These include abdominal pain, persistent vomiting and bleeding following a fever, headache and rashes.
For all the warning, the number of dengue cases in the country is expected to rise in the coming months.
Ubial finally approved on June 5 a proposal the DOH-Dengue Vaccine Implementation Committee (DVIC) has been pushing since April to offer the vaccines to local governments in NCR for a community-based immunization program.
She approved the expansion of the dengue vaccination program to benefit 100,000 children more in Cebu.
But with all the confusion and controversy, the question remains if there would be any takers.
The number of dengue cases in the country is expected to rise in the coming months.
About a third of the vaccines in storage will expire in ten months; the rest, in August 2018.
“After allocating the vaccines…we have projected a large excess supply of Dengue vaccine,” DVIC Executive Director Julius Lecciones wrote Ubial on April 18, 2017.
Lecciones’ proposal was to make use of the vaccines by offering them to four cities in NCR with the highest incidence of dengue: Quezon City, Makati, Manila and Caloocan.
After three more letters to Ubial to follow up the “urgent concern”, the proposal was finally approved on June 5, 2017.
Leachon also raised safety issues about the vaccine.
He said it was important to closely monitor vaccinees because some side effects or complications did not surface during the manufacturer’s clinical trials which only involved a small number of volunteers.
Twenty-nine-thousand volunteers received the vaccine during French manufacturer Sanofi Pasteur’s clinical trials that spanned over two decades in 15 countries, including the Philippines.
Not a cure?
The vaccines are not a cure for dengue. Sanofi Pasteur, however, claimed the vaccine boosted immunity to four types of dengue virus, reducing a person’s vulnerability.
DOH statistics show there have been 189 deaths due to dengue in the Philippines between January and May 2017. That figure might have grown more than double by the end of the year based on previous years’ data.
The next step is convincing local governments to agree to a community-based immunization program they have to fund.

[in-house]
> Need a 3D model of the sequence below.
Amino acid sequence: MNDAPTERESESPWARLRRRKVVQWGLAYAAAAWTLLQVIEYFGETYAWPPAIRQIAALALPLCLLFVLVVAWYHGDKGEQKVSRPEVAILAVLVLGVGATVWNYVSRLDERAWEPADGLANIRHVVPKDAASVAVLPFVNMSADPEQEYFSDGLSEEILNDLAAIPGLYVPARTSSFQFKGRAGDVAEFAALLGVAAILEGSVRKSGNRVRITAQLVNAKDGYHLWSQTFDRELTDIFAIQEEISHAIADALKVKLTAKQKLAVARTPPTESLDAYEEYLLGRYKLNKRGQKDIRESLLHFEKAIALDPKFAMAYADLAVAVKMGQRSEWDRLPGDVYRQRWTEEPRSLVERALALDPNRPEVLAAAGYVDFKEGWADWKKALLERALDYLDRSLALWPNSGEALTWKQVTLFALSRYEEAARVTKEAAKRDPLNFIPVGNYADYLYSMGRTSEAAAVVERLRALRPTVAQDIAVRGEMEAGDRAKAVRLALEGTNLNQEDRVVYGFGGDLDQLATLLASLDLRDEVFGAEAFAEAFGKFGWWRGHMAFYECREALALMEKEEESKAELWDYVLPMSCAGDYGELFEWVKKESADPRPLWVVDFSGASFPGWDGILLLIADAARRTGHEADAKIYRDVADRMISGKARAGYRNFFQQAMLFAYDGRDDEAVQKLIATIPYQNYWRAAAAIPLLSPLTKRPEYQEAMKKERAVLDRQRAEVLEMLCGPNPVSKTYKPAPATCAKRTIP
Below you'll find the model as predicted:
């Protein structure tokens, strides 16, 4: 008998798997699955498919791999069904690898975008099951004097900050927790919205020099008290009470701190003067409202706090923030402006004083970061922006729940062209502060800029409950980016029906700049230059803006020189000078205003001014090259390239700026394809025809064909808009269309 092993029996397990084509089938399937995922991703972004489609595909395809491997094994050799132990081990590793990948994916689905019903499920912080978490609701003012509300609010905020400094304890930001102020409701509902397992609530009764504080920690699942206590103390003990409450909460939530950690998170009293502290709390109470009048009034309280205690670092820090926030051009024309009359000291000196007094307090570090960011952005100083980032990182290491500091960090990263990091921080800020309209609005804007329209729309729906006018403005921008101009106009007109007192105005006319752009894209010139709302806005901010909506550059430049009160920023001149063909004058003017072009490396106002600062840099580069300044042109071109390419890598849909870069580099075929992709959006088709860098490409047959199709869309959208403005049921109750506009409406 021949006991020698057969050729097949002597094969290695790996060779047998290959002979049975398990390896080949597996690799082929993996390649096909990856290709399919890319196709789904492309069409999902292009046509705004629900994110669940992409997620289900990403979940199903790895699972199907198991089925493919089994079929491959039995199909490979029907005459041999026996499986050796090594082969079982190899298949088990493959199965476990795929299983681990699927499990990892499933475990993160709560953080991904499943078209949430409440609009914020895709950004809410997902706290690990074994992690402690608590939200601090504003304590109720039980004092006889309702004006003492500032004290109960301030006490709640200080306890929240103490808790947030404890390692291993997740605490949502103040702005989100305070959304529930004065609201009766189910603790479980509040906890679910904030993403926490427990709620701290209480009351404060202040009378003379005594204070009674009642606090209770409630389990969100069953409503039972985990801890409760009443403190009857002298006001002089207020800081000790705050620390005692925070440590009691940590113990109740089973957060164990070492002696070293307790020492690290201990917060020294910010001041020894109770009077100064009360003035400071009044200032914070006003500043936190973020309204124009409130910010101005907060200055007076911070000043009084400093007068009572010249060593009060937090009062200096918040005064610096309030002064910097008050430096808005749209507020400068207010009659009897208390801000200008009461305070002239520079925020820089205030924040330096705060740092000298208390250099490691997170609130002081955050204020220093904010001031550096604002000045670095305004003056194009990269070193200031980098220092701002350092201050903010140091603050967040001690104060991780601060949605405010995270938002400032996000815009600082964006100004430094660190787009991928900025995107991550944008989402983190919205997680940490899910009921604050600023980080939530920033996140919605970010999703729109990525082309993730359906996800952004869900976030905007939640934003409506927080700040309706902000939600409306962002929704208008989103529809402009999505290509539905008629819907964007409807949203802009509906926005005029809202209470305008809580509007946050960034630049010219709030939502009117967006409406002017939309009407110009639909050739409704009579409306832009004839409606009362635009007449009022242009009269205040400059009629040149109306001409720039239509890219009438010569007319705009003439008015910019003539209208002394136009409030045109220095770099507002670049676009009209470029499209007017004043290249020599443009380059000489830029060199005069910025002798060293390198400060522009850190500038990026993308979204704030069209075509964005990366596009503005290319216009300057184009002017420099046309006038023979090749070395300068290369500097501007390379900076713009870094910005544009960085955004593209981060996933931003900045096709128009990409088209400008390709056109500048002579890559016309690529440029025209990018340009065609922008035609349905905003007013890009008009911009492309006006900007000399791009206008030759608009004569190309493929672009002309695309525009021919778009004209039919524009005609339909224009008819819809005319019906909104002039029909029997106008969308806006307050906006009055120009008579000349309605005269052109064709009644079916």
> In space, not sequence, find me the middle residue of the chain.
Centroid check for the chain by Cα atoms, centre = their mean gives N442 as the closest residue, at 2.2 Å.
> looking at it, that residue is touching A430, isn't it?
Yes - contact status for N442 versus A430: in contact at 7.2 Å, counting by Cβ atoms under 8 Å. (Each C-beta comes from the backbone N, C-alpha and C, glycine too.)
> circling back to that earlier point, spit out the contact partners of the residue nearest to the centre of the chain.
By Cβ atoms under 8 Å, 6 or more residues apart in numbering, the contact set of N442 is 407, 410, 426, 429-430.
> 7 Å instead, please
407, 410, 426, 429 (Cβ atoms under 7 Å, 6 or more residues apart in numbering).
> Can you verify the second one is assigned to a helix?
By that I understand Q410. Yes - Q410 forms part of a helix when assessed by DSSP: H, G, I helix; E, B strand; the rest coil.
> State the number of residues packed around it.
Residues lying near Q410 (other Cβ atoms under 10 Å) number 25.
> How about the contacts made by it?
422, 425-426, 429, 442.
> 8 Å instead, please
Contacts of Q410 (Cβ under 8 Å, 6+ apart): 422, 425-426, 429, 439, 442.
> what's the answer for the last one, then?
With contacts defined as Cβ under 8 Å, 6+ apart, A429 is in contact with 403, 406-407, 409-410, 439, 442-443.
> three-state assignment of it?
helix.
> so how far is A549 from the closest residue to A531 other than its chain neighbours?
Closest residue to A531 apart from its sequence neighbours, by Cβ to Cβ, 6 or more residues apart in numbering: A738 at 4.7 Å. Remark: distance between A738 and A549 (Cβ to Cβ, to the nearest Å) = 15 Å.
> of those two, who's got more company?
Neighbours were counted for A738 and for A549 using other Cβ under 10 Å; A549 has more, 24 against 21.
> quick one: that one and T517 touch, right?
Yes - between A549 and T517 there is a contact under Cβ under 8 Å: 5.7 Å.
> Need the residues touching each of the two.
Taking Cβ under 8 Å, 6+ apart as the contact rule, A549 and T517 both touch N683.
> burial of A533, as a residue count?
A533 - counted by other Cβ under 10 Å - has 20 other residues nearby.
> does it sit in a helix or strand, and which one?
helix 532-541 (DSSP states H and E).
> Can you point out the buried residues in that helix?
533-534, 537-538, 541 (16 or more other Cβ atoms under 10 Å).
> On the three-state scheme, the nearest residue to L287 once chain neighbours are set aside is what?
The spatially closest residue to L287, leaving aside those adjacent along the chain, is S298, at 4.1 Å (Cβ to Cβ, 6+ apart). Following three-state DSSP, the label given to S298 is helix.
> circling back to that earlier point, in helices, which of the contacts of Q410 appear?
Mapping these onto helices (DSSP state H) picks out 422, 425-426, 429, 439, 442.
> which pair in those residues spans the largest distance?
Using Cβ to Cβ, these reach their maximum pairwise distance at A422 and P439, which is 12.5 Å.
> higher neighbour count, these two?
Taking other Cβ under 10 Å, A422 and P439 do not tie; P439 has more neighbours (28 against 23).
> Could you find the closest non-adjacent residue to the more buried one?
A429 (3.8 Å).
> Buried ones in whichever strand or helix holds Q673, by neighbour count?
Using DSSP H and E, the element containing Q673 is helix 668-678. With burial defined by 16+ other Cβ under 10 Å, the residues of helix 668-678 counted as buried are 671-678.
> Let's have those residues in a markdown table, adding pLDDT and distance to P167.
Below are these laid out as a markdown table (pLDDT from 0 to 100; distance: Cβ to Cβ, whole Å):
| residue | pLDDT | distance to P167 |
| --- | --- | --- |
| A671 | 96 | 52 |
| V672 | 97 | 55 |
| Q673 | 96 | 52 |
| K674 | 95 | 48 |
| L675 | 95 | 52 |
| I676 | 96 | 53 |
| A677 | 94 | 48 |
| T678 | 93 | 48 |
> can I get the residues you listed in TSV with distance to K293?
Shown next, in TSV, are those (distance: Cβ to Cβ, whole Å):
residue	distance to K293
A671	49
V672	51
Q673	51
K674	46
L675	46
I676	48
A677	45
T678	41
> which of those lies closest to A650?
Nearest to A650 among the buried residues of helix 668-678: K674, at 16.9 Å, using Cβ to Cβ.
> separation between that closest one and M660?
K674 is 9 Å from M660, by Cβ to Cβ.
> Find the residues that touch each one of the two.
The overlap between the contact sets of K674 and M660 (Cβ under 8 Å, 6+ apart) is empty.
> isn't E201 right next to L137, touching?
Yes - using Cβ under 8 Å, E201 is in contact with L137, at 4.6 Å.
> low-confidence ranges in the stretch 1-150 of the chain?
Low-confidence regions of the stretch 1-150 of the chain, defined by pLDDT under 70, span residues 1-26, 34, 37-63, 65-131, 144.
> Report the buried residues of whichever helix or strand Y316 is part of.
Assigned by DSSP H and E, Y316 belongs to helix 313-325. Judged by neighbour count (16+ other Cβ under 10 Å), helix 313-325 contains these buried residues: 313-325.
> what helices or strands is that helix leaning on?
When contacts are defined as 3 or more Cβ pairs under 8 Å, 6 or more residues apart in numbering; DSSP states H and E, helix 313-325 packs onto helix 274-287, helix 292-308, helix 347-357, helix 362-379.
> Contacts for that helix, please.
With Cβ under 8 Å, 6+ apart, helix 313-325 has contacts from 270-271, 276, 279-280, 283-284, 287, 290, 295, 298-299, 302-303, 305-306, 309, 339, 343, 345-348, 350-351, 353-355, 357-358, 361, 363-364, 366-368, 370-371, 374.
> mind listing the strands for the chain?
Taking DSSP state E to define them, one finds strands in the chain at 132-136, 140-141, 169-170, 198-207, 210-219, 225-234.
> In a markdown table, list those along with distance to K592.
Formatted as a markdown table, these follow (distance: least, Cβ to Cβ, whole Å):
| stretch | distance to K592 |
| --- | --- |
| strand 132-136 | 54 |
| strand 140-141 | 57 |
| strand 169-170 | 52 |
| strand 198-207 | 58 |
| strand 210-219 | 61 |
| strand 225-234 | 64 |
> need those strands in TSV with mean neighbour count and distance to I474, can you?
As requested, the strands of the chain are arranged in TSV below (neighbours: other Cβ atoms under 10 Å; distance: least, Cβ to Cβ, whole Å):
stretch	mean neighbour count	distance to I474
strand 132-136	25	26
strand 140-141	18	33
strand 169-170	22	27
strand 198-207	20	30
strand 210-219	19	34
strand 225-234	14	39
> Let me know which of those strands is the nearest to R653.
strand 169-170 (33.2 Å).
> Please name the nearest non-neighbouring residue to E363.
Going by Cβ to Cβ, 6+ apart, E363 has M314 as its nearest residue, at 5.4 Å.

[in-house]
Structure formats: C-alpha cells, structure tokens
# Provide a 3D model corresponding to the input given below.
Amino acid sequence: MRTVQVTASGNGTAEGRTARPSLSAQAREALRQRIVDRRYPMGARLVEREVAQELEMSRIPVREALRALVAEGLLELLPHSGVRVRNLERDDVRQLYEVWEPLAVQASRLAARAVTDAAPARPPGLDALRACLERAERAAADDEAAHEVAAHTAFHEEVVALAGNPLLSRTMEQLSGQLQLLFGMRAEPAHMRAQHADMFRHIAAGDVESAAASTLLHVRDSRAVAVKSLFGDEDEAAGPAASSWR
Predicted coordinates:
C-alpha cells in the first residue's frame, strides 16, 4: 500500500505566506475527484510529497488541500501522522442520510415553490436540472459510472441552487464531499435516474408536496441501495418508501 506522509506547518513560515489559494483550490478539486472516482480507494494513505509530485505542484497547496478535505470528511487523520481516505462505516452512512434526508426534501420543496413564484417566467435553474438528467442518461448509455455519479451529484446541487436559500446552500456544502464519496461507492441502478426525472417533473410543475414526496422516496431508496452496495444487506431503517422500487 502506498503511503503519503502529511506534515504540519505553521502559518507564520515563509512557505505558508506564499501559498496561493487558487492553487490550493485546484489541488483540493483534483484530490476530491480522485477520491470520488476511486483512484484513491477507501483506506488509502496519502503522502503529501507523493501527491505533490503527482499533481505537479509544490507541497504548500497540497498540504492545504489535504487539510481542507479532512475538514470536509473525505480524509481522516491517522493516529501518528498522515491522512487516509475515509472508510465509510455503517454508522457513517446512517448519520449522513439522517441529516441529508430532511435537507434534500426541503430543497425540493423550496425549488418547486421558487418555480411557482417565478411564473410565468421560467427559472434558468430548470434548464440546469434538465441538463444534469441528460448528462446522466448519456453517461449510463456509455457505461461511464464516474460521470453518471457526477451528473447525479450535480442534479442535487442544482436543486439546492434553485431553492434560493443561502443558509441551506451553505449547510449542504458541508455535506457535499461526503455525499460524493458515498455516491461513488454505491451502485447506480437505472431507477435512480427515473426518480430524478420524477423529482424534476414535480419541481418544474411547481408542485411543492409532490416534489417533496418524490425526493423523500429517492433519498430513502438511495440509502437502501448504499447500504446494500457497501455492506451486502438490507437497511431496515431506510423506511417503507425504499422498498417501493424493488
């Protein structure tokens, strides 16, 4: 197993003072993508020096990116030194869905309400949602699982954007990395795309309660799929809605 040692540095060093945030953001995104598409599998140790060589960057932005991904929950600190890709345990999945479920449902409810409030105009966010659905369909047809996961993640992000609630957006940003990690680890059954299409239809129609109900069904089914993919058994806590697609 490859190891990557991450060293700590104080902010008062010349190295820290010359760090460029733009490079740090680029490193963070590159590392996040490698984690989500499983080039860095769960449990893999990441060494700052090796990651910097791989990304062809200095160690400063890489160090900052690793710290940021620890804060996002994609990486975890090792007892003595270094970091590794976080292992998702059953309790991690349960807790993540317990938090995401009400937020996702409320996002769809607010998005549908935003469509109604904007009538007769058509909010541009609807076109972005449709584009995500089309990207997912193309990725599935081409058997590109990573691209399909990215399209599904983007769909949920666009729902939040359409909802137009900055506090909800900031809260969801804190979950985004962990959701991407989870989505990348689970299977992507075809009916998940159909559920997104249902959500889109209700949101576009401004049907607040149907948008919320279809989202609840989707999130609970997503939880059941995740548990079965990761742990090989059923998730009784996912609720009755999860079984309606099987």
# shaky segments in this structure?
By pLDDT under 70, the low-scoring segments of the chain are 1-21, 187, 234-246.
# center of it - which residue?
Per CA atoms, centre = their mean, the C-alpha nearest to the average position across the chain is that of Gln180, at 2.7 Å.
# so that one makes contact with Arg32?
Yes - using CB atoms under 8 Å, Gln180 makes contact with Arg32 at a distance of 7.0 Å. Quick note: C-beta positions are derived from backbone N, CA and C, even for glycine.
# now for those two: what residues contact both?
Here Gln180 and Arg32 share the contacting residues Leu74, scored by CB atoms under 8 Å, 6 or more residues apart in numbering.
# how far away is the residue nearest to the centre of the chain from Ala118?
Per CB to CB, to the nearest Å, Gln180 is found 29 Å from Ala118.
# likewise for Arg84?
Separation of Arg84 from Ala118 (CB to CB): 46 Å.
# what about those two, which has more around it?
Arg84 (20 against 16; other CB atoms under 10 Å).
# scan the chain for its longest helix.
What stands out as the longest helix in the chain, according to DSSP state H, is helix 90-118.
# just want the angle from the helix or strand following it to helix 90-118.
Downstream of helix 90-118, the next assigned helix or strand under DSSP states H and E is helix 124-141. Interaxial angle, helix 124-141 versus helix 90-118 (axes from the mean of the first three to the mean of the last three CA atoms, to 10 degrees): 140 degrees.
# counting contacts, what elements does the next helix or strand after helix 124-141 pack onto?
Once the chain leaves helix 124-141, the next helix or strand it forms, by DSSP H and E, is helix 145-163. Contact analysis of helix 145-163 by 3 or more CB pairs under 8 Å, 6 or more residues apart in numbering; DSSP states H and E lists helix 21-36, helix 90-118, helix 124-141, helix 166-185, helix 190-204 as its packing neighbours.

The bigger hurdle, however, is convincing parents of target beneficiaries to give their consent.
The DVIC aims to inoculate 230,611 indigent children aged 9 to 14 years old. But reports have circulated about children who died the past year after being administered the dengue vaccine. Two children were from Bataan and one was from Bulacan.
Ubial said a “working committee” that reviews adverse events following immunization had ruled the dengue vaccine had nothing to do with the deaths.
“They came out with their report that the deaths are coincidental, they are not related to Dengvaxia,” Ubial said.
But because of the negative publicity, Lecciones said it wouldn’t be easy to find takers for the vaccine.
If either Quezon City, Makati, Manila or Caloocan reject the proposal, the DVIC would offer the vaccines to other areas like Marikina and Malabon, where a high number of dengue cases have been reported.
Leachon has welcomed the move to make use of already available vaccines.
But Leachon said there should be an honest-to-goodness monitoring of individuals post vaccination, even if the Food and Drug Administration has already granted it a Certificate of Product Registration.
“The certificate of product registration is a license to market the product but there is no guarantee it will not be pulled out. That depends on findings in the future.”
Charge to experience
He advised against using up all the excess vaccines, instead suggesting that inoculation be limited to 100,000 children or less in NCR, where there would be easy access to doctors and health facilities in case of complications. “Ang issue ko ay safety, hindi sa akin yung kung masasayang eh. You just have to charge it to experience.”
Leachon said the target beneficiaries must be tested prior to vaccination to determine who among them have previously been exposed to one of the four dengue viruses.
“Kapag hindi ka pa na-eexpose, seronegative ka,” he said, referring to a study led by Neil Ferguson, director of the MRC Center for Outbreak Analysis and Modelling at Imperial College London published in Science online journal.
“Kapag na-expose ka na, seropositive ka. Ayon sa pag-aaral, kapag hindi ka pa na eexpose at nabigyan ka ng dose na ito, may posibilidad na in three years, magkakaroon ka ng severe hemorrhagic dengue. Yung mga na-expose na, kung magka-dengue, hindi na ganun ka-tindi.”
Wanted: Holistic approach
The vaccine is not a silver bullet.
The World Health Organization said its introduction to areas with a high burden of disease must be part of a comprehensive dengue prevention strategy.
“Dengue is not just a DOH concern, it’s an environmental concern, an LGU concern,” Leachon said.
“It’s everybody’s concern. Kahit na paliguan mo ng bakuna ang entire population at gumastos ka ng bilyun, pero malamok at madumi pa rin ang environment mo, hindi mareresolba yun. It’s mosquito and vector control,” he said.